DAO Editor's advice
Days pass. I am due an email from the south coast. Disability Arts Online editor, Colin Hambrook, is about to change his opinion. I had sent him the first part of this piece without any context to it, to publish as a blog entry. Once again the opinion that the joke wasn't any good had been given, but with that came the hammer blow: 'some people might think it disablist'.
I sent it back to Colin with the counter opinion that this was partly the point. I had been given a joke and I didn't know what to do with it but I had this notion that I wanted to tour it, explore it, find out how jokes and comedians work.
Context it would seem is everything. This was Colin's reply:
"I like this Rich! It's very thought-provoking. Might be worth mulling it over some more - but this is my initial response.
What is it about our responses to humour? It is after all a mechanism for dealing with life - which is pretty tough for all human beings, disabled and non-disabled - in one shape or form and, of course, to largely varying degrees.
We talk about disablist humour masking fear of disability - but is it that what's going on when Ricky Gervais comes out with crap jokes about disabled people - or writes shit like 'Life's Too Short?' Or is it that he's just a jerk? If he is a jerk then why is he a jerk? What has made him like that?
I always get the impression that he's masking some fear of stupidity with his comedy - and that's why he so often makes learning disabled people the butt, because it fits the sterotype. He nails his colours and makes a public spectacle of being stupid - so that no-one can accuse him of stupidity. But then why do big corporations like the BBC buy it? Why don't people just ignore him? Why do people find him funny, for gods sake!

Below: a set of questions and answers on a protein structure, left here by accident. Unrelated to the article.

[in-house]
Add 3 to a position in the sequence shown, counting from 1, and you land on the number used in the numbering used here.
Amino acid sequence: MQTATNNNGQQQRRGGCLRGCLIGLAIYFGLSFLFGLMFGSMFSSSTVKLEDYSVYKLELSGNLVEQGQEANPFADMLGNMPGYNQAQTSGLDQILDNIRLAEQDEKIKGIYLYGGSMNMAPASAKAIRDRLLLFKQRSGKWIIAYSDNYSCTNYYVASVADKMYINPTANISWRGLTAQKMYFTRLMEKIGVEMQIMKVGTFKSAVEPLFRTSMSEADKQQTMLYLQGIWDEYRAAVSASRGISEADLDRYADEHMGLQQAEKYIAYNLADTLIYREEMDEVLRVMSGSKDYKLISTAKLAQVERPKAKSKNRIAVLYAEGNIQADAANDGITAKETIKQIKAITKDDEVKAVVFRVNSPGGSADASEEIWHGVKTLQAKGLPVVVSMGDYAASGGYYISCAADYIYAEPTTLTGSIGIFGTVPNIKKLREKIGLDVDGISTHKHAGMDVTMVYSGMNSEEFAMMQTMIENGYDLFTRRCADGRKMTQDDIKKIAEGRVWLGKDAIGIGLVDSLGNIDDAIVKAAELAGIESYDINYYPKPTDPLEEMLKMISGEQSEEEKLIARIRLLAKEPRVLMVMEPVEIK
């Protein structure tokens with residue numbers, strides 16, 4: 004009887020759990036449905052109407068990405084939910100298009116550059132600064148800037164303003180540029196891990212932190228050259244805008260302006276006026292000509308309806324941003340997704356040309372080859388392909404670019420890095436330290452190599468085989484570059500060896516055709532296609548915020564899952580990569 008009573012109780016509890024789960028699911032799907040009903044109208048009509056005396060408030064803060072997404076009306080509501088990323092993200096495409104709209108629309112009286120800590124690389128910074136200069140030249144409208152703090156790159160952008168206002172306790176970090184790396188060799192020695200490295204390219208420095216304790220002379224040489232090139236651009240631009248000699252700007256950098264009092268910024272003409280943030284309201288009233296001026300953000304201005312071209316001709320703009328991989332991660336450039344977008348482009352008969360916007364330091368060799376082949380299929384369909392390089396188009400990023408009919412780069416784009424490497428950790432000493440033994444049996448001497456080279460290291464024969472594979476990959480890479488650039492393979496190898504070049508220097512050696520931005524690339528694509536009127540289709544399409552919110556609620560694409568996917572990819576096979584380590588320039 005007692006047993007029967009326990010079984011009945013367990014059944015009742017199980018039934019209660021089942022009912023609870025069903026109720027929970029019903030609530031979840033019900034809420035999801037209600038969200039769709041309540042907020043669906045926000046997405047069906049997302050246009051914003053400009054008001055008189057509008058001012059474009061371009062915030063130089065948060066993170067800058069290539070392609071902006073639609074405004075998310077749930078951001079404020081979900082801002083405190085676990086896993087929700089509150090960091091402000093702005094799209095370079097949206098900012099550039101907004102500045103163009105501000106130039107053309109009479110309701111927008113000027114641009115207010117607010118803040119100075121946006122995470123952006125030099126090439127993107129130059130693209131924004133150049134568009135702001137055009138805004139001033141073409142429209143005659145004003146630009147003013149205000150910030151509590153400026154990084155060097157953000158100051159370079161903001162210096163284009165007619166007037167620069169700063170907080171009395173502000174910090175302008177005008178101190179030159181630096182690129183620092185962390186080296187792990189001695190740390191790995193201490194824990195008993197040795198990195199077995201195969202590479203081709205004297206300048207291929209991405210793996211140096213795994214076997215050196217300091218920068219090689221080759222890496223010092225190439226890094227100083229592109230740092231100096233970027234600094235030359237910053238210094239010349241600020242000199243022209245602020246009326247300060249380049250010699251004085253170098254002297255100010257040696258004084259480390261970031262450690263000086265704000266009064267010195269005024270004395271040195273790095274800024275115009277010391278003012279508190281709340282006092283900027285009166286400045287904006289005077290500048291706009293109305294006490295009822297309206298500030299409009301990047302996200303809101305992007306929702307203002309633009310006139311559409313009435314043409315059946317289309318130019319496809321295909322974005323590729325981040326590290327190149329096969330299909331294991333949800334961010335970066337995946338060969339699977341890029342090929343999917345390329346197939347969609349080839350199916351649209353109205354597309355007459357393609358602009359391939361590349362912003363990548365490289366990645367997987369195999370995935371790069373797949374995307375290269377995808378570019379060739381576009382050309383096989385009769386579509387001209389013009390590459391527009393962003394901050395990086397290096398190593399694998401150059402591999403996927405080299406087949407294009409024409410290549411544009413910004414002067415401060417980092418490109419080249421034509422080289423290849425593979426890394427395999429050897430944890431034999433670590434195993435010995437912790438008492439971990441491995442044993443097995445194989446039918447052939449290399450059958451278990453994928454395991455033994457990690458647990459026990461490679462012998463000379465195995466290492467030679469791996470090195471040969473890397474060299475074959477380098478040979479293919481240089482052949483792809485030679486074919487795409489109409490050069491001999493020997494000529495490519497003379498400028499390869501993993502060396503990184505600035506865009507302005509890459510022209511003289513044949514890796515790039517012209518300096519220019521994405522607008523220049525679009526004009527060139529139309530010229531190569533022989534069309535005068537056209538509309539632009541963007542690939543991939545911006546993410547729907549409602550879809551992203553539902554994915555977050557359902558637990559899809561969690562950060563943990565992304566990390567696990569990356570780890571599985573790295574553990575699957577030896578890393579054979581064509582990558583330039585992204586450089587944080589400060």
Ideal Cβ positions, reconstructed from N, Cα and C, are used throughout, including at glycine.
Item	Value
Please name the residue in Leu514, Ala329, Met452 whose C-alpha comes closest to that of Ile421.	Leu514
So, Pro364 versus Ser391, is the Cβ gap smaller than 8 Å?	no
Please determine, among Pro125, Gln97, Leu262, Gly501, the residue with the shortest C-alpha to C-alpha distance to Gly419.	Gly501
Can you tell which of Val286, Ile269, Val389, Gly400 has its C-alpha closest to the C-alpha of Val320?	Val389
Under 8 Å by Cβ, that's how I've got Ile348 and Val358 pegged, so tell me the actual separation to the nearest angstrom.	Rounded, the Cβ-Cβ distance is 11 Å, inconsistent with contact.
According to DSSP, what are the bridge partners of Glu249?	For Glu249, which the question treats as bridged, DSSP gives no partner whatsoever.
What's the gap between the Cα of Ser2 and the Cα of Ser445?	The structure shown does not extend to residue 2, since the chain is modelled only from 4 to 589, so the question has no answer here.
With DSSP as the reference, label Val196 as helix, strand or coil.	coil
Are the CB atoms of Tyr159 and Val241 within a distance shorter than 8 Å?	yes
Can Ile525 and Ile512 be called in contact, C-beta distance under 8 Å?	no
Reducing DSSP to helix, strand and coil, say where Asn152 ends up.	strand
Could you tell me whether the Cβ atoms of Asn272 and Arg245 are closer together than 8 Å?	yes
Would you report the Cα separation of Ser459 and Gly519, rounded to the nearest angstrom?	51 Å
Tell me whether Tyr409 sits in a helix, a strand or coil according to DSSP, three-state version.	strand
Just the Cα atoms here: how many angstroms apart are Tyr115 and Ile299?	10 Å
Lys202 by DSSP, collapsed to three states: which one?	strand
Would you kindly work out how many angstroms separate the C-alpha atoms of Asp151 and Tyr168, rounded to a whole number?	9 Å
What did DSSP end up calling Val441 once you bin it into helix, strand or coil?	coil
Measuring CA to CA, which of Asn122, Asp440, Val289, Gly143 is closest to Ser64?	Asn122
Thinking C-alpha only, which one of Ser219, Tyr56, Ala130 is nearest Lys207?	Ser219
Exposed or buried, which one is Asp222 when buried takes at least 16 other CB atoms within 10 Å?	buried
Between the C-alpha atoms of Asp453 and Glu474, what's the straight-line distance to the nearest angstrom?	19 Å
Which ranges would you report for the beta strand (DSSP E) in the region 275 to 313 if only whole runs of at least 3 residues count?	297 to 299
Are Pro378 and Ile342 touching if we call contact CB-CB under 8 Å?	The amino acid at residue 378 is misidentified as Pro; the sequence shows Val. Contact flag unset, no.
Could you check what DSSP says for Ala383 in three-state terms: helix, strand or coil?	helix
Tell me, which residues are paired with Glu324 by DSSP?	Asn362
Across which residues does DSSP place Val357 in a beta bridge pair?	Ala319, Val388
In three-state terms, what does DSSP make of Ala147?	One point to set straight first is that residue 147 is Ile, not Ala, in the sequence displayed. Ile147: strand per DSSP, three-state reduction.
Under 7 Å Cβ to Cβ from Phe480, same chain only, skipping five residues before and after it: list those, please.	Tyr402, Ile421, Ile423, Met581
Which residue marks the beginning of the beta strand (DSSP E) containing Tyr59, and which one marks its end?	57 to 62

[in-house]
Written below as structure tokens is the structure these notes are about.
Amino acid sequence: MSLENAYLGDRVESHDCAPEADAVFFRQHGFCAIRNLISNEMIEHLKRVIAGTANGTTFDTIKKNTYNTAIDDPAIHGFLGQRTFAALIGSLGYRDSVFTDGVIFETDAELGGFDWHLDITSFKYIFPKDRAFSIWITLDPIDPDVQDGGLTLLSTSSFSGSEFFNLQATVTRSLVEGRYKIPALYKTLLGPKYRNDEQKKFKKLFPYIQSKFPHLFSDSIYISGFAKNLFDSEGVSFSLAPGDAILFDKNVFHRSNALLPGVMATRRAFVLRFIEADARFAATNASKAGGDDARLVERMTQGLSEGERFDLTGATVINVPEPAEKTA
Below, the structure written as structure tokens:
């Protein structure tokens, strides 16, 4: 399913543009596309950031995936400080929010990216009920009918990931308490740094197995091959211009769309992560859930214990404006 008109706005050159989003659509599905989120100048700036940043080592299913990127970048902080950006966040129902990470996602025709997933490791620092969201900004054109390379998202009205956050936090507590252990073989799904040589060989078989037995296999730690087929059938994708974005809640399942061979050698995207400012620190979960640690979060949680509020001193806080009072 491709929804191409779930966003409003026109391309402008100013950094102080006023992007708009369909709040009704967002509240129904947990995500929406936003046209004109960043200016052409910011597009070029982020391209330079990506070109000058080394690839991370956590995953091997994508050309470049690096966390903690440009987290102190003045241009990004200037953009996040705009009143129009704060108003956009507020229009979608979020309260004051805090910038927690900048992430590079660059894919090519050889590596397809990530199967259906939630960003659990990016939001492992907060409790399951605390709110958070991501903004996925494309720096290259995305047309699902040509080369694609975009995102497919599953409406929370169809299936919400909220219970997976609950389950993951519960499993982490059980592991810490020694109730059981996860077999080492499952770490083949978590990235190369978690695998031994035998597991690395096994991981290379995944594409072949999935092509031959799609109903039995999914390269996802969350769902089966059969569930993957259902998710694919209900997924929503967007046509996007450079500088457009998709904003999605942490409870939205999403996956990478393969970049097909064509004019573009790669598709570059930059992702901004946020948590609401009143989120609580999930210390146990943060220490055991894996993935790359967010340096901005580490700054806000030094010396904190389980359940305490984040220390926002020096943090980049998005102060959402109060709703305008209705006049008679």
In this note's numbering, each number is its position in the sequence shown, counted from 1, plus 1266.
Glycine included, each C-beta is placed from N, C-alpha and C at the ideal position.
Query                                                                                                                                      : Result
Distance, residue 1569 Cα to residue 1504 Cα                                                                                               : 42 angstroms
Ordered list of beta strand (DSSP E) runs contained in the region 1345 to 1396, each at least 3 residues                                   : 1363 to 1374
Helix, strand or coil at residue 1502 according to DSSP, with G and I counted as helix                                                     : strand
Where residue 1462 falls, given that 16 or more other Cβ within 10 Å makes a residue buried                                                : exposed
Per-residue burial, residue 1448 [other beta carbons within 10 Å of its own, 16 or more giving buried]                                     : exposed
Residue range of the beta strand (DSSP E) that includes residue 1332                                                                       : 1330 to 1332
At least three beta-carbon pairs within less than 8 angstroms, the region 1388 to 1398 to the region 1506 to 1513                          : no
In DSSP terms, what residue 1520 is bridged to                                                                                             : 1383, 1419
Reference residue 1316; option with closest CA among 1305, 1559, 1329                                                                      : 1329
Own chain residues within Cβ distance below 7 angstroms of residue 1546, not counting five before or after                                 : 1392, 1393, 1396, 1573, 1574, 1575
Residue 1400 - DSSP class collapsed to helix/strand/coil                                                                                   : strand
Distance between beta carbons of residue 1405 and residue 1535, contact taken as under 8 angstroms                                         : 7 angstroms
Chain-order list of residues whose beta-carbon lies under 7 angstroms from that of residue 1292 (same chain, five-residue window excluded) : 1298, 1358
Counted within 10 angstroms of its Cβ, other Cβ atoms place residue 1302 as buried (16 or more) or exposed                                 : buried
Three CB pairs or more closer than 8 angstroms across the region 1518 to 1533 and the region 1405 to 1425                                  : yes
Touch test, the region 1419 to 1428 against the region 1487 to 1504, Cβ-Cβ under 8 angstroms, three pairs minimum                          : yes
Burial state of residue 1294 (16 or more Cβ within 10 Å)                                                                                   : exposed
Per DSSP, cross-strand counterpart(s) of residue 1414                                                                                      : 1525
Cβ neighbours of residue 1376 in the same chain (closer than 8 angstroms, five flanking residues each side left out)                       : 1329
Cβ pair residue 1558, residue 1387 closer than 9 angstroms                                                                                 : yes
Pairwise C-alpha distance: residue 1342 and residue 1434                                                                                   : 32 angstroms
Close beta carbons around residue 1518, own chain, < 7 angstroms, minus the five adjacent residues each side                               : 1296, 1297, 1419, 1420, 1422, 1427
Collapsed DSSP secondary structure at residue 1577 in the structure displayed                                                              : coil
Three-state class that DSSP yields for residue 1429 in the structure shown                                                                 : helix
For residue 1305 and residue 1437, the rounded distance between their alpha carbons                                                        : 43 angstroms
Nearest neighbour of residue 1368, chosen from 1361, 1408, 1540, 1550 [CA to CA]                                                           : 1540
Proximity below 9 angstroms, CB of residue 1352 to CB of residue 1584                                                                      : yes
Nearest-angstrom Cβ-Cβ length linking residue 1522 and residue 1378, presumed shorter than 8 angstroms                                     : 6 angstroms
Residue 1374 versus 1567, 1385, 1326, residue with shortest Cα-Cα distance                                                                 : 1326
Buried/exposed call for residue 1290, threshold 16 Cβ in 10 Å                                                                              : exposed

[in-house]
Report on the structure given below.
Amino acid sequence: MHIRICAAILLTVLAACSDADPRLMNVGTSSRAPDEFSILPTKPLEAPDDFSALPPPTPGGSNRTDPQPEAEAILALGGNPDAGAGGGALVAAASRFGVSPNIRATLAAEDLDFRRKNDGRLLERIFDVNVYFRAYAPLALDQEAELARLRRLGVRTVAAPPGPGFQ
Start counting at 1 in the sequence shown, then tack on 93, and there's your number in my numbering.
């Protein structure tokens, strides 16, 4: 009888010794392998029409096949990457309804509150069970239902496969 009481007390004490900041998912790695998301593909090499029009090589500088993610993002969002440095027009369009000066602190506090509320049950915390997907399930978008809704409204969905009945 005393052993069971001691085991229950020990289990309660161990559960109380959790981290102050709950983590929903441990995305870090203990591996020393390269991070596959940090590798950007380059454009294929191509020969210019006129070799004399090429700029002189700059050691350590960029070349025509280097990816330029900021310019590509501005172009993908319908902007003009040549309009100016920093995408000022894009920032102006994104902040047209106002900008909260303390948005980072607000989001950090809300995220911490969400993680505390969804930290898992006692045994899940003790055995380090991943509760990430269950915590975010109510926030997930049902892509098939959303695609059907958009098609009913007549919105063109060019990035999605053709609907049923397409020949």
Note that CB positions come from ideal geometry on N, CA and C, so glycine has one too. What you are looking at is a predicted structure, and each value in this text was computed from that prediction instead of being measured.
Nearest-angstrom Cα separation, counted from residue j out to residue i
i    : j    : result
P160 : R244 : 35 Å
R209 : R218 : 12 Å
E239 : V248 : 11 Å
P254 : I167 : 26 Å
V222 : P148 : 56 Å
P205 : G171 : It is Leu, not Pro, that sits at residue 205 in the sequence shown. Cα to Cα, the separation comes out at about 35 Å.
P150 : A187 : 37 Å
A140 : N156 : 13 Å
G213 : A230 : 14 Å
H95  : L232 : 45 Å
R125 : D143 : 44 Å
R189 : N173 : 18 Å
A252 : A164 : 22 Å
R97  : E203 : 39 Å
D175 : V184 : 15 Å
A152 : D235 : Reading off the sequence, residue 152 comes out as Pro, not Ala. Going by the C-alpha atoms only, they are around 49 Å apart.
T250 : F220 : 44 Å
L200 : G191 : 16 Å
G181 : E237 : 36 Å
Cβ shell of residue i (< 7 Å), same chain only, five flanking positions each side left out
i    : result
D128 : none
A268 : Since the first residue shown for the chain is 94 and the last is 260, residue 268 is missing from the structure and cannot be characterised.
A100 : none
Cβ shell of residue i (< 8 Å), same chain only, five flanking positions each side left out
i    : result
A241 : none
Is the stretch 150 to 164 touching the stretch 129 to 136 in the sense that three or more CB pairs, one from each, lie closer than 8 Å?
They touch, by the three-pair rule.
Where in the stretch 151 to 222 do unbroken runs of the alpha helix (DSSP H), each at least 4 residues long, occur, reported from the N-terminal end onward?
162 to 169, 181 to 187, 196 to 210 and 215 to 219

There are lots of things to consider here and it would be good to know if you get a response from Laurence Clark or Liz Carr? It might be worth touting opinion from some other disabled comedians too: Steve Best, Simon Minty, Gareth Berliner, Paul Betney, Tanyalee Davis, Annie Cowan, Steve Day, Chris McCausland, Juliet Cowan, Liam O'Carroll, Caroline Parker, Huw Thomas, Liz Bentely - all come to mind.
I would see this as a research piece, rather than a blog. As such think about publishing it as a whole rather than piecemeal - incorporating interviews / quotes from your protagonists responding to a crass joke about why blind men don't dance?"